SCOTTSDALE, Ariz. -- A day didn't go by this offseason that Corey Dickerson didn't think about what would be on the line when he reported to Spring Training.
He knew he had a chance to not only earn an Opening Day roster spot with the Rockies, but also a significant one. Dickerson and fellow left-handed-hitting outfielder Charlie Blackmon are competing with right-handed hitters Drew Stubbs and Brandon Barnes for time in center field.
Stubbs, who will make $4.1 million this season, figures to be on the Opening Day roster. But he has hit .226 against right-handers throughout his career, so a platoon is likely.
That means either Dickerson or Blackmon -- and possibly both -- will be with the Rockies when they open their season March 31 in Miami.
It's that opportunity that drove Dickerson this winter.
"Through every workout, that was always on my mind," Dickerson said. "It was always motivation. And I've always been a motivational person, so I think I pushed pretty hard this offseason."
Dickerson targeted adding strength and increasing his speed this winter. He bulked up 15 pounds, worked with a speed coach and practiced his outfield routes. Improved defense also has been a focus of Dickerson's the past couple of years, and he said he's ready to take the next step.
"I think I've really improved and handled myself really well out there," Dickerson said. "But I want to be an elite defender. I don't just want to be just an average defender."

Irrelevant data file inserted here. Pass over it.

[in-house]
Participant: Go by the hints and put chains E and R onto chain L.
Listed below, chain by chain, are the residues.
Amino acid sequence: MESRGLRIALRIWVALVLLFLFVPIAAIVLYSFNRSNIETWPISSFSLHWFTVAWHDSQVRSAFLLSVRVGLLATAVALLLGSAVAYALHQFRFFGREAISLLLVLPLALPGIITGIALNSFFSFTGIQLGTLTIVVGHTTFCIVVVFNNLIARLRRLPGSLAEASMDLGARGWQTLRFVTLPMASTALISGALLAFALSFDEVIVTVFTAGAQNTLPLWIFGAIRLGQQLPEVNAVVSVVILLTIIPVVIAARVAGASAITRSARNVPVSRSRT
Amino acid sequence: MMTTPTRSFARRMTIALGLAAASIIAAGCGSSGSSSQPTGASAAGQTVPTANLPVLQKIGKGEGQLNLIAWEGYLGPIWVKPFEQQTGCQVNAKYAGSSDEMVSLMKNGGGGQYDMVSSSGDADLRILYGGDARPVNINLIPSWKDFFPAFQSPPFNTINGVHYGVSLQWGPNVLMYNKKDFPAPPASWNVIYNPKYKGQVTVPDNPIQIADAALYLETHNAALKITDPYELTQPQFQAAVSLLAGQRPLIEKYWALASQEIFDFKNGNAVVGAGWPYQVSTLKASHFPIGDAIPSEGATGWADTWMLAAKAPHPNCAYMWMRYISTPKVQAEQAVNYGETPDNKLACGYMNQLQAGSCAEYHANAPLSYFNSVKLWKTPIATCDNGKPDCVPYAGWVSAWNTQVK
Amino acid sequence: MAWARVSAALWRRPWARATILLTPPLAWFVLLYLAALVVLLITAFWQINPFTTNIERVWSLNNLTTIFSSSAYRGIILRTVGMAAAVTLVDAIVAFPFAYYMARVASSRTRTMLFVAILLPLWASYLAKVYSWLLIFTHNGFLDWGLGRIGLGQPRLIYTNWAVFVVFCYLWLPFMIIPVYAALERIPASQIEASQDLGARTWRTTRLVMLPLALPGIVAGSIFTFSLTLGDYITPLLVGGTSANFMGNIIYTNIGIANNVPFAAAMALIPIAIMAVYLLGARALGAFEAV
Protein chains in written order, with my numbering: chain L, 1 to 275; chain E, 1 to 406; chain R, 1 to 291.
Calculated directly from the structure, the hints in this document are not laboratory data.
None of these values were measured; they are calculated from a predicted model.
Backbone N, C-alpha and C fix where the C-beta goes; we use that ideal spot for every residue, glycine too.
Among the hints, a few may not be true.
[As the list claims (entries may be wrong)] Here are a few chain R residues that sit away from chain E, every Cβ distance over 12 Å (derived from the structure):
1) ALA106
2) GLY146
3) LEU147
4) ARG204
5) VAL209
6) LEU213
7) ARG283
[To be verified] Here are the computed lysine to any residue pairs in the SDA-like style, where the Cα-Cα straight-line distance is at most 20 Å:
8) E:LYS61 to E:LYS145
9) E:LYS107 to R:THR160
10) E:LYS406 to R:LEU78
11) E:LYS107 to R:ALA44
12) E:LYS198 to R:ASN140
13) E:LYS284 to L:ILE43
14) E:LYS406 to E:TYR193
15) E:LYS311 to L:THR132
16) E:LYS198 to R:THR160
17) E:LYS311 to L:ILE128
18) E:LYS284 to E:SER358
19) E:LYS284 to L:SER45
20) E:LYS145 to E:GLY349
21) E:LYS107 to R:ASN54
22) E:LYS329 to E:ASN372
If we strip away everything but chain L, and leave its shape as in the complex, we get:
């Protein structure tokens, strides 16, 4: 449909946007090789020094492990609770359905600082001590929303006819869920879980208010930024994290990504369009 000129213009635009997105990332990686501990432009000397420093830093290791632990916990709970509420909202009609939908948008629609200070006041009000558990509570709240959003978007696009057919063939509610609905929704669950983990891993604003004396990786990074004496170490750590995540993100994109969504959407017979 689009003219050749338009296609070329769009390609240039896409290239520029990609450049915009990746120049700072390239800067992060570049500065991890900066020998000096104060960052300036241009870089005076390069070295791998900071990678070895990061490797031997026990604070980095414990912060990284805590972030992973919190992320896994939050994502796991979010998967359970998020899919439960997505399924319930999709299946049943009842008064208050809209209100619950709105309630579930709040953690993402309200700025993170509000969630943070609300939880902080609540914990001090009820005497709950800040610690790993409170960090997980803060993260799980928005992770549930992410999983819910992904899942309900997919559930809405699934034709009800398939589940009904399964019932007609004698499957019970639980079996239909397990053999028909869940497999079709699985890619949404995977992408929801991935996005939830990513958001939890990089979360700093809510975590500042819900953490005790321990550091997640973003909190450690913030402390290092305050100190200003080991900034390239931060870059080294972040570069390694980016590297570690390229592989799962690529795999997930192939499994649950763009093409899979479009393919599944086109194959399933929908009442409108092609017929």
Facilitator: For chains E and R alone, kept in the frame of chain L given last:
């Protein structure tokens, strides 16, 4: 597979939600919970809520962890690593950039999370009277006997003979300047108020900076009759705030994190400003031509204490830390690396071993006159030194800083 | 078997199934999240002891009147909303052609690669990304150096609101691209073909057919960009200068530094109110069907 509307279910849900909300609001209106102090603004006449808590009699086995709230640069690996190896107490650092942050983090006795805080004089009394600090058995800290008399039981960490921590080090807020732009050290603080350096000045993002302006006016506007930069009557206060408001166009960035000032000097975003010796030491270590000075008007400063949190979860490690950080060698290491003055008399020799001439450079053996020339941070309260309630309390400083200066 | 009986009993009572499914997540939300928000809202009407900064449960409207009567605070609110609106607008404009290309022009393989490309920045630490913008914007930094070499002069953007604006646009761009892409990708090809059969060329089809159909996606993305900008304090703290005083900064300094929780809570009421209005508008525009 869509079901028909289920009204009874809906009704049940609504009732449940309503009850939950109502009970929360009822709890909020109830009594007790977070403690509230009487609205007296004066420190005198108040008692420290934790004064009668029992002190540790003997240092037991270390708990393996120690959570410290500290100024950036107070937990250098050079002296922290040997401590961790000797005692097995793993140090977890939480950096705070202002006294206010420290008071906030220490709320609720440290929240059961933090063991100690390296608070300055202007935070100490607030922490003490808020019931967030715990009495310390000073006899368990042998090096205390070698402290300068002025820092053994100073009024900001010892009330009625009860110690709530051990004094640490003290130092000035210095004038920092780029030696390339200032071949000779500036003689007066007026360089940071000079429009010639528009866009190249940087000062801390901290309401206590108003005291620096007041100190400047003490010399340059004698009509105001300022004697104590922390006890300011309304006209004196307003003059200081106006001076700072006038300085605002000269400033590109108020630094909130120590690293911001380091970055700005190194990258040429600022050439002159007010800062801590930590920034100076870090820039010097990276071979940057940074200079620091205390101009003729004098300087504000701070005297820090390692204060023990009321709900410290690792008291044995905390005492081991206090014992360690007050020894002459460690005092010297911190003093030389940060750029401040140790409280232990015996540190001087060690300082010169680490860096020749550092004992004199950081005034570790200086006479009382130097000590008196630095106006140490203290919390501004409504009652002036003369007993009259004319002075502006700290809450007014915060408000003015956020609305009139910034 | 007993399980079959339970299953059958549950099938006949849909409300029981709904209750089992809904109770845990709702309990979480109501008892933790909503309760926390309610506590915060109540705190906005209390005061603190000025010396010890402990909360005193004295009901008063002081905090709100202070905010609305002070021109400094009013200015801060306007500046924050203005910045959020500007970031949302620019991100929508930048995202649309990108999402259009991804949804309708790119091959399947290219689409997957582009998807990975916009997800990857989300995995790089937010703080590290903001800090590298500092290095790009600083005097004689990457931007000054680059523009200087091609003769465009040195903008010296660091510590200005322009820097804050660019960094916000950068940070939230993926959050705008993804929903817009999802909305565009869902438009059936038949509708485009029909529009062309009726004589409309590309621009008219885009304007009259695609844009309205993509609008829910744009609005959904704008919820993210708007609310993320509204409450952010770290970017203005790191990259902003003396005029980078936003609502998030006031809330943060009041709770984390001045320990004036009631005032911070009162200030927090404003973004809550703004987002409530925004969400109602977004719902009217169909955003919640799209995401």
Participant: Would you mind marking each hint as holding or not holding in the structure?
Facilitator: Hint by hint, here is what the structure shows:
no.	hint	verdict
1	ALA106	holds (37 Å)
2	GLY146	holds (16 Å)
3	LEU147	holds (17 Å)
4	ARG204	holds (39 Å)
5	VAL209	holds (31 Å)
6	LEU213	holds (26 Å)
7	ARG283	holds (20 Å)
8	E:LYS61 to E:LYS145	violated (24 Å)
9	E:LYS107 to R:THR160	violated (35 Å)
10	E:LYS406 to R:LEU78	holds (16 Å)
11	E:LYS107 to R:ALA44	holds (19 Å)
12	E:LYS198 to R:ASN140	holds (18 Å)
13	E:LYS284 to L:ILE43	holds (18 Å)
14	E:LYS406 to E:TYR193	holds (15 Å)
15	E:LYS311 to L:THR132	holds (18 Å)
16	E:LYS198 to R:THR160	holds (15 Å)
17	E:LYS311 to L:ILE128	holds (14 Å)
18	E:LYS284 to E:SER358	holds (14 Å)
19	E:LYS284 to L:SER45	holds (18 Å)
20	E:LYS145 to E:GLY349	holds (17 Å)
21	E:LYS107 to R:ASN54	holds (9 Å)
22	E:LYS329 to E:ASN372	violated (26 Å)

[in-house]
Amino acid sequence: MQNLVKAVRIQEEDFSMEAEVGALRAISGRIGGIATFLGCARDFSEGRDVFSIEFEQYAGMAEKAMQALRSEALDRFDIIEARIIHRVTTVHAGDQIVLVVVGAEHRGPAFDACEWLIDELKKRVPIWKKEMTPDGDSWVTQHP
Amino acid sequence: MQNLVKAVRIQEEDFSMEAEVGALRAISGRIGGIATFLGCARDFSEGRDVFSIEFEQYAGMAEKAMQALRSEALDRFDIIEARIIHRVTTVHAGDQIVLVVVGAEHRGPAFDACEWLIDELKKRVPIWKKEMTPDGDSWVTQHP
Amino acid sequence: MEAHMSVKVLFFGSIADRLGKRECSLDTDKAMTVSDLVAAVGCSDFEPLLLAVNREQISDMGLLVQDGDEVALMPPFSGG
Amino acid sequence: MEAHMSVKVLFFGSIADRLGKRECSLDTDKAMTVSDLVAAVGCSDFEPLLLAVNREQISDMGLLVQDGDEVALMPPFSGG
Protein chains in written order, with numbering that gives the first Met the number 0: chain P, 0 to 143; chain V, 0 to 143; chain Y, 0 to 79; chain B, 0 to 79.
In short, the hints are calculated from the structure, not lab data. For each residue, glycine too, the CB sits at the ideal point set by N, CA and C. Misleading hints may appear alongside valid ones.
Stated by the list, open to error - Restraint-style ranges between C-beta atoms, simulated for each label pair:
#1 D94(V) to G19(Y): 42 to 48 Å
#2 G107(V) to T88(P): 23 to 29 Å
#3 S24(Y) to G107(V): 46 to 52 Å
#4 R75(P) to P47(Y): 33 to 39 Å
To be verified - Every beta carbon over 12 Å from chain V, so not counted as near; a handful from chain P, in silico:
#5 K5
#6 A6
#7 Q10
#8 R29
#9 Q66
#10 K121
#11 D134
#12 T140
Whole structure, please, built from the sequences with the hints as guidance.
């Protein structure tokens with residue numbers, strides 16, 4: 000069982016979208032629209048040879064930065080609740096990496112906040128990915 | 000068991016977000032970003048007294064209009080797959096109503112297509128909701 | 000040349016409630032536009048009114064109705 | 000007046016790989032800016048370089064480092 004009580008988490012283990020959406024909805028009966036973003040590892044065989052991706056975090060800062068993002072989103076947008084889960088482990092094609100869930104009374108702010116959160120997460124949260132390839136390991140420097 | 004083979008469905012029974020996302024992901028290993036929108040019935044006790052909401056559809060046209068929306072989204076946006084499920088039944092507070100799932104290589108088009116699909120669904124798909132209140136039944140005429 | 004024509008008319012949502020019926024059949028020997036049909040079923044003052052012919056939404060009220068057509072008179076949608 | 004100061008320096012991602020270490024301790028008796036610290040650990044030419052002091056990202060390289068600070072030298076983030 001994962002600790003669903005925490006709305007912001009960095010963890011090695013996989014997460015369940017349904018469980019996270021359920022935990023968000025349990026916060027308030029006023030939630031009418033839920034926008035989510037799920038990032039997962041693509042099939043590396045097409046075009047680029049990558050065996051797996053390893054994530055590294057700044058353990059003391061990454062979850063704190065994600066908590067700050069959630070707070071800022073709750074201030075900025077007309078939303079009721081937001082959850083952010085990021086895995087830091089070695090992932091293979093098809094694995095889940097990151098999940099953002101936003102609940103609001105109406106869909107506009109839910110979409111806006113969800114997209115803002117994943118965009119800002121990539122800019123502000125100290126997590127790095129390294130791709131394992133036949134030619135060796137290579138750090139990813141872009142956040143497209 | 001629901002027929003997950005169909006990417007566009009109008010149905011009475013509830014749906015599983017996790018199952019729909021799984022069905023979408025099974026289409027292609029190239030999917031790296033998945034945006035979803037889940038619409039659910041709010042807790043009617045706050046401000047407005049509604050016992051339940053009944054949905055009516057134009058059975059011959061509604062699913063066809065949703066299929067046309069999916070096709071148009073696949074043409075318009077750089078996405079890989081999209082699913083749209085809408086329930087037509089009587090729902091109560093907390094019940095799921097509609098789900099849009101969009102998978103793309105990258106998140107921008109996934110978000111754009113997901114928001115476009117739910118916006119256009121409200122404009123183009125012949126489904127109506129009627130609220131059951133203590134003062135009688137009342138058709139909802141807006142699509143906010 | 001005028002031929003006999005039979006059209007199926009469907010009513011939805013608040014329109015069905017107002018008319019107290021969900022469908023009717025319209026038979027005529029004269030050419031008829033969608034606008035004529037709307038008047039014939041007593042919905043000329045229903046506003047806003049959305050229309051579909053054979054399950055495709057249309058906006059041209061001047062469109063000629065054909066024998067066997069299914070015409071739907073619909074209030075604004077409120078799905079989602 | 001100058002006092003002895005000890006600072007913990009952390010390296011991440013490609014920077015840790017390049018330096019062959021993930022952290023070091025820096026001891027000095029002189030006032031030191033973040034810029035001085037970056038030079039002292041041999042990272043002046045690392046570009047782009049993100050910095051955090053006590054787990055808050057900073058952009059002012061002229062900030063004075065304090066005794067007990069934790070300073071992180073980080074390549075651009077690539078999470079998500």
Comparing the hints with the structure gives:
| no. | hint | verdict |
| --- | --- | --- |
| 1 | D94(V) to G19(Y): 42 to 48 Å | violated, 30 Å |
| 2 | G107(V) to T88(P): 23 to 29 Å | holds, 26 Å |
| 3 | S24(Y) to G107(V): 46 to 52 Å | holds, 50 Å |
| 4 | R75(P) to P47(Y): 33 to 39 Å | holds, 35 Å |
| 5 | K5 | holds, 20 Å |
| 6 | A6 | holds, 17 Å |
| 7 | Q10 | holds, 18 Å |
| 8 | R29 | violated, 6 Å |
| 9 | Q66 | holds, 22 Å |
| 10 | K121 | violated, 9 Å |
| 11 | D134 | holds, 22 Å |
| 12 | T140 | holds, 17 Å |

The reason Dickerson has been able to spend so much time honing an array of skills is because he possesses a tool the Rockies have no qualms with: his bat.
Dickerson hit .263/.316/.459 with five home runs in 69 games with the Rockies last season and slashed .371/.414/.632 in 75 games at Triple-A Colorado Springs.
This spring, he entered Monday hitting .381 (8-for-21) with two doubles, a triple and a homer.
"He's a pure hitter and there's impact, extra-base hits in that bat," Weiss said. "That's what he's always done. He can flat out hit."
Weiss said Dickerson, who turns 25 in May, is absolutely in the center-field mix and has impressed the club with his defense both this spring and last year.
And now that the Rockies are 13 games into their Cactus League slate, Dickerson said he's not focused on the competition that fueled his offseason.
"All competition is healthy competition. I think it brings the best out of each player," Dickerson said. "We all have tools that can help this team. The competition, they're going to decide who they want, so I try not to think about it."
Dickerson did enough of that during the offseason, and so far it's put him in a good place.